My current project is rewriting a Mellingham mystery from Chief Joe Silva's point of view. I first wrote the novel as an extension of a short story centered around a day spent sailing along the coast. I liked the idea of the discovery of the attempted murder so much that I decided to turn the story into a novel, making the intended victim the sleuth. This went along well, I thought, until my editor rejected the novel. (Another editor is reading the short story.)
For several months I felt stuck with a novel whose basic story I loved but whose lead character didn't seem to rise to the necessary heights. Something was lacking. At the same time I came to be interested in writing more about Joe's family. Readers like hearing about Joe's birth family, and I thought it was time to write more about the blended family he created when he married Gwen, who came with two young children, Jennie and Philip. I'd already written about Jennie in Last Call for Justice, and I thought now it was time for Philip to make an appearance. I decided to rewrite the rejected novel with the focus on Joe with his family in a supportive role.
When I taught writing courses, years ago, I used a variety of exercises to make various points. One point I liked to get across is that each story depends on who is telling it, or, in my case, who is the protagonist leading the investigation, however informal or formal that may be. I assigned students the task of writing the first few paragraphs of a story from the point of view of each character in the story, to find out whose story it was. Students were almost always surprised to find that the story differed according to who became the main character. I'm learning this lesson again. The story of a woman who drowns while out sailing told from the point of view of the surviving sister is a very different story from the one told by Joe Silva in his role as chief of police of Mellingham.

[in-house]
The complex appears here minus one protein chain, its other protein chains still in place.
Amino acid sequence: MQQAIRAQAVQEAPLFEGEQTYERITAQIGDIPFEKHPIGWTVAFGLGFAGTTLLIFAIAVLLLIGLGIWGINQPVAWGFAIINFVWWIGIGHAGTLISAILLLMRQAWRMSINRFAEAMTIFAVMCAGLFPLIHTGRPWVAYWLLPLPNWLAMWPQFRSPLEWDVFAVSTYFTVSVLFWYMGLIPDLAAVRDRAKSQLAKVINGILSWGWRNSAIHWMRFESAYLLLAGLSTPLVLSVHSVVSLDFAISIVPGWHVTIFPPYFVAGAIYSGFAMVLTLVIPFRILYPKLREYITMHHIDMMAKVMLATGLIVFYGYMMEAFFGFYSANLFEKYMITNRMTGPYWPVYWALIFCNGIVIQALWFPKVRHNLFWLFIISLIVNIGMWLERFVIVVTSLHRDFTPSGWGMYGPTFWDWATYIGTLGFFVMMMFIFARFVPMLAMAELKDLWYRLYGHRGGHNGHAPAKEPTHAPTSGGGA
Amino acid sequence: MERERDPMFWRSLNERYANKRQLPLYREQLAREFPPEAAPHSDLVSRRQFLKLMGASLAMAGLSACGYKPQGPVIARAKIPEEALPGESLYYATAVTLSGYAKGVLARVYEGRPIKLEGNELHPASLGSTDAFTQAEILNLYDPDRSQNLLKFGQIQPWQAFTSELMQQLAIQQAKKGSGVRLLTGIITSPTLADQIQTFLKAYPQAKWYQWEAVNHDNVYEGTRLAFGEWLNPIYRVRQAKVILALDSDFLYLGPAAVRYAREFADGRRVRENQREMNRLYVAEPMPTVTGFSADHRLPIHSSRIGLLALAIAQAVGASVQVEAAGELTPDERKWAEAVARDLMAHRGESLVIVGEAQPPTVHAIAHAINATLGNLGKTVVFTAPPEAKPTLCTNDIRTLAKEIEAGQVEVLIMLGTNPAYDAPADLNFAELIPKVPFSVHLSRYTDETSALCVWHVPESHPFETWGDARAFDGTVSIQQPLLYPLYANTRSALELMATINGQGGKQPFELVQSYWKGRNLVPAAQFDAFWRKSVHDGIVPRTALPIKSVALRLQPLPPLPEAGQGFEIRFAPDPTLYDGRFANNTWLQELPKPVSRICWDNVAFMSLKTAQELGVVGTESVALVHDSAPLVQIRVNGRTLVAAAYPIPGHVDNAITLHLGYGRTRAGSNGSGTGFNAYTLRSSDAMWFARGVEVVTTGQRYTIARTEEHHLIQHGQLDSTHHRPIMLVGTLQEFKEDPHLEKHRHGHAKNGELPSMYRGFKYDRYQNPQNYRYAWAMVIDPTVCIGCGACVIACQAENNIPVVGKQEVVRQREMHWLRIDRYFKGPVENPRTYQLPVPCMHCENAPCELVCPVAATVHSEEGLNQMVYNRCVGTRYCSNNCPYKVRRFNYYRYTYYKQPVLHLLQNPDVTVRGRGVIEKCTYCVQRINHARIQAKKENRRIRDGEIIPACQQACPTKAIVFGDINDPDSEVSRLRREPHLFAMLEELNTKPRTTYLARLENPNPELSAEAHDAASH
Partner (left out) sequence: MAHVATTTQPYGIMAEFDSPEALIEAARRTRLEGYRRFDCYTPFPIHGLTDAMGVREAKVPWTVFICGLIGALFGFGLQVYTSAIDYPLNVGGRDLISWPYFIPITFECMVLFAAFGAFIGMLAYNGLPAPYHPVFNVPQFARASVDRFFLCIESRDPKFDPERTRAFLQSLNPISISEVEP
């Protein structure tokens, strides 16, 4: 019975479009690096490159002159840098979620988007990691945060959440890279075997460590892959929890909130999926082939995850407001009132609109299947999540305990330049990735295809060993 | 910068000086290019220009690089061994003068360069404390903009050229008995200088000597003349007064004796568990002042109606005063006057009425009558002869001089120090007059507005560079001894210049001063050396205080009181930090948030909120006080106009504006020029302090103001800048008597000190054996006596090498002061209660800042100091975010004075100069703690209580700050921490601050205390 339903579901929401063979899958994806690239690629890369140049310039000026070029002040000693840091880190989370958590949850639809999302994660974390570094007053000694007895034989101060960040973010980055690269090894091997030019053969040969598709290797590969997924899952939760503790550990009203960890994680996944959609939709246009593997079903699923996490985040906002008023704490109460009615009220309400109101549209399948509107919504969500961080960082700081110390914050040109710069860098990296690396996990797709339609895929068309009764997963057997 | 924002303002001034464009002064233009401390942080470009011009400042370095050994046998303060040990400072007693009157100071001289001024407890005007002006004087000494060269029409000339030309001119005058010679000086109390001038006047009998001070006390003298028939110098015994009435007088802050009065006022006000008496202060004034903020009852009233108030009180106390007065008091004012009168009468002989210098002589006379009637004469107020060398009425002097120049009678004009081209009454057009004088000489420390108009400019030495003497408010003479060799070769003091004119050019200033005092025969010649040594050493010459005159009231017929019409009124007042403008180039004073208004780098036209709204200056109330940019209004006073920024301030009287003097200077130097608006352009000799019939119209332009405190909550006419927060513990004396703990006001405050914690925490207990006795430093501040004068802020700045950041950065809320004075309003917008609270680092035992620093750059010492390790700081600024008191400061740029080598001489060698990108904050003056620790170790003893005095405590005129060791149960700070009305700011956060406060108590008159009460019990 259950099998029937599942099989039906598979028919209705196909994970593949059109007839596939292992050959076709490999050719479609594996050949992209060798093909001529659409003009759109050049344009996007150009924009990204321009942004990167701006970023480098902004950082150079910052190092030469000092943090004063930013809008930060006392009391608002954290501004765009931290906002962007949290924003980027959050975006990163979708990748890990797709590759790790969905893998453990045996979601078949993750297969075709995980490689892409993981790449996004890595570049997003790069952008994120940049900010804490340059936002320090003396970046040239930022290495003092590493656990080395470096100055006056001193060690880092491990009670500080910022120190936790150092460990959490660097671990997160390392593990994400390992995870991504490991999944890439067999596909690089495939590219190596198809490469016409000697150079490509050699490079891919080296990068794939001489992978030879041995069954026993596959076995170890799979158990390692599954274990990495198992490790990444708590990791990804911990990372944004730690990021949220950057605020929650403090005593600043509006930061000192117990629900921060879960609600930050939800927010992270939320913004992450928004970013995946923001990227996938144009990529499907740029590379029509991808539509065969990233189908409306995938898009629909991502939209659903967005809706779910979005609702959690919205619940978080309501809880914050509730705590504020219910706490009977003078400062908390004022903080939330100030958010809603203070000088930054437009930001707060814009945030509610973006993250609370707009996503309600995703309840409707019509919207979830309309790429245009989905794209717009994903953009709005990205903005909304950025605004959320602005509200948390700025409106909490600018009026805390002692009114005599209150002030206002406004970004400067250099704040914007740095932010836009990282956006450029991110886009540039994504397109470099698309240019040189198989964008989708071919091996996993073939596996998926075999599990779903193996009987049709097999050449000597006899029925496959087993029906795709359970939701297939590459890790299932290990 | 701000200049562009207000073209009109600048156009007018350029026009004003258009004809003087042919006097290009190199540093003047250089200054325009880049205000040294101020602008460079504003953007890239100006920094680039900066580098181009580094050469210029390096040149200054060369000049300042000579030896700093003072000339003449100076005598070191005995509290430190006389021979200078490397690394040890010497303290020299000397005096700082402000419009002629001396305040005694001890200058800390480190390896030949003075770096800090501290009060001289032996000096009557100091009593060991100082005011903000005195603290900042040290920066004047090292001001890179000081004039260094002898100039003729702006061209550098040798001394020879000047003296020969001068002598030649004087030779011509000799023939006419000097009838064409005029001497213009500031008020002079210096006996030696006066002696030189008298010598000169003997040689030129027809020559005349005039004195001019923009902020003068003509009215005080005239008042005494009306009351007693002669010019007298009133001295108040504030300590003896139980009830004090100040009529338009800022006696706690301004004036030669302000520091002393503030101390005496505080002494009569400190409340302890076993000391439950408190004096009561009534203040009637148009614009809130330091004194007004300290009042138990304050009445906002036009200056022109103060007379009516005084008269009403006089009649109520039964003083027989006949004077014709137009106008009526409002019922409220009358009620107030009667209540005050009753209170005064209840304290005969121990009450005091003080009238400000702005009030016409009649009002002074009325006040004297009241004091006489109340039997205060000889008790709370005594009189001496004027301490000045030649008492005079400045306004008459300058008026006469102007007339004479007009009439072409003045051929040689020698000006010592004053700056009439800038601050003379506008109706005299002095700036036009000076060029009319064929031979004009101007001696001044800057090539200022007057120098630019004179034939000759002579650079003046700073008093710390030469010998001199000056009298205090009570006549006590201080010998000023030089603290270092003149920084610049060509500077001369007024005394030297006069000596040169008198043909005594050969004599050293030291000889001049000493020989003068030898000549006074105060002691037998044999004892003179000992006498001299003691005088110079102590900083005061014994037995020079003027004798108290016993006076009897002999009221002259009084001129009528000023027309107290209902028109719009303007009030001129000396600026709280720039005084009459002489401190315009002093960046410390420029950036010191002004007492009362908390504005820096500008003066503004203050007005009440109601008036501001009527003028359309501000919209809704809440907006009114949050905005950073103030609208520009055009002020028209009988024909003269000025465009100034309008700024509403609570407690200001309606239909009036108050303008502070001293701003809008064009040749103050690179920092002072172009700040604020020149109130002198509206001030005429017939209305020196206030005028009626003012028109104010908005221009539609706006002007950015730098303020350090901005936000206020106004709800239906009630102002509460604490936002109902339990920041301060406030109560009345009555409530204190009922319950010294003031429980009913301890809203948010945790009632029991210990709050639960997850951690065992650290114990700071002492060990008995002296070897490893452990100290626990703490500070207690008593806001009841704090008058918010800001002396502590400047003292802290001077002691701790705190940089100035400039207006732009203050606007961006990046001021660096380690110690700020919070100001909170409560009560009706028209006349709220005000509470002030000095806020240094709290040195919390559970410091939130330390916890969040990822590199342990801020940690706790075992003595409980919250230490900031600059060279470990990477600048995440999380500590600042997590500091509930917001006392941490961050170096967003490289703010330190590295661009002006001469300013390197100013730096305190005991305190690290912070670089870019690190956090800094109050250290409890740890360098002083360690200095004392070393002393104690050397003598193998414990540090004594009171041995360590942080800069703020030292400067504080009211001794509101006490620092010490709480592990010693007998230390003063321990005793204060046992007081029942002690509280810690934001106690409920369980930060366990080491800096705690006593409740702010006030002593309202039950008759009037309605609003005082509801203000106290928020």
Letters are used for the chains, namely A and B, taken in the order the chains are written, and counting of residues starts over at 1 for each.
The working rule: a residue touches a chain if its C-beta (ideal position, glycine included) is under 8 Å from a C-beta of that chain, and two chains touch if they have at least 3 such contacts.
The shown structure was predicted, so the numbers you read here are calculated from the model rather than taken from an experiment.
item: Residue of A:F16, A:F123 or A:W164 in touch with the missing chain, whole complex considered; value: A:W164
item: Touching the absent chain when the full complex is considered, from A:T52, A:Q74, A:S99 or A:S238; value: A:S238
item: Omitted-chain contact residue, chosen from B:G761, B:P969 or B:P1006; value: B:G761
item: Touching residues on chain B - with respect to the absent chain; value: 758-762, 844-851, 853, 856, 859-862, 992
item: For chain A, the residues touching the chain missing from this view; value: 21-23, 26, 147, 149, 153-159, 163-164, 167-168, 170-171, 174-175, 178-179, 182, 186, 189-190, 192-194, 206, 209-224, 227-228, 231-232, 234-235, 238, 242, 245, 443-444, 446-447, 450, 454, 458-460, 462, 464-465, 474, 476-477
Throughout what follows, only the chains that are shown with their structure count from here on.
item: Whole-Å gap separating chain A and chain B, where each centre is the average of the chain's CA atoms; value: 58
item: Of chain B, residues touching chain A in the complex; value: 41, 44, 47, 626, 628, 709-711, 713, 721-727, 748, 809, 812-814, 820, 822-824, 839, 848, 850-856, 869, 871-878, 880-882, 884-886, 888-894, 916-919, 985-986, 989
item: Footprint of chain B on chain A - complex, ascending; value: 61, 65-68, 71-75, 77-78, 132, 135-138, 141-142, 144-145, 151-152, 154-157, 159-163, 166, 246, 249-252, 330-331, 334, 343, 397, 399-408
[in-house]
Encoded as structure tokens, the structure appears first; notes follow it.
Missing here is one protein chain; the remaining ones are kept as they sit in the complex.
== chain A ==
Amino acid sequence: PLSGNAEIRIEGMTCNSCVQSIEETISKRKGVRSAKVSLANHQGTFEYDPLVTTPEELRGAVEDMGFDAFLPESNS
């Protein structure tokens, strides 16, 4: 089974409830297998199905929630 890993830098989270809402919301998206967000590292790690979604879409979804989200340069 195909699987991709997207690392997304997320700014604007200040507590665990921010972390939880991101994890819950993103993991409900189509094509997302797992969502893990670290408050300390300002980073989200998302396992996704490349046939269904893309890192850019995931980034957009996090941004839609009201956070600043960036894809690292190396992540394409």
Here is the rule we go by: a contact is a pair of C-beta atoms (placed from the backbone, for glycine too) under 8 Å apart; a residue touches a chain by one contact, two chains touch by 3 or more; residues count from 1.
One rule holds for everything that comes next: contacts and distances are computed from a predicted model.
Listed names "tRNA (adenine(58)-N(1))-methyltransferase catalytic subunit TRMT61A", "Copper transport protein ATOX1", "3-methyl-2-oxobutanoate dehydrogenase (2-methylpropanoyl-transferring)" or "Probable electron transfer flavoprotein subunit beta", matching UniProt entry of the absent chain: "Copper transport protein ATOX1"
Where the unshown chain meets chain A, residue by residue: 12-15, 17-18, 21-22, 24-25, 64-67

As I recast each scene, expanding some and eliminating others, and add more, I can see where I went wrong with the creation of the protagonist in the first version. Annie Beckwith, given a name I thought would lead to a great career as an amateur sleuth, seemed stunted and edgy. Under the astute gaze of the chief of police, however, she is emerging as a woman grappling with the loss of a dearly loved sister and her sister's husband, and learning things about her sister's life that she'd never known and never would have guessed.
Here I imagine the reader is thinking, "Ah, dark secrets are uncovered." Well, the reader is partly correct. Not all secrets are dark. But any secret can change the one who discovers it, and faces the challenge of abandoning old assumptions for new truths.
When I began the rewrite, I wasn't sure it would be worth the effort, but I felt compelled to see it through. I love the Joe Silva/Mellingham series, and willingly block out stories to write when I have the time. But now that I'm deep into this story, I am once again hooked. I think about Joe and his little family, Gwen and Jennie and Philip, and the life they have created for themselves in the small town on the water. In this installment Joe teaches Philip to sail, and Philip turns out to be the son the townspeople of Mellingham might expect for their beloved Chief Silva.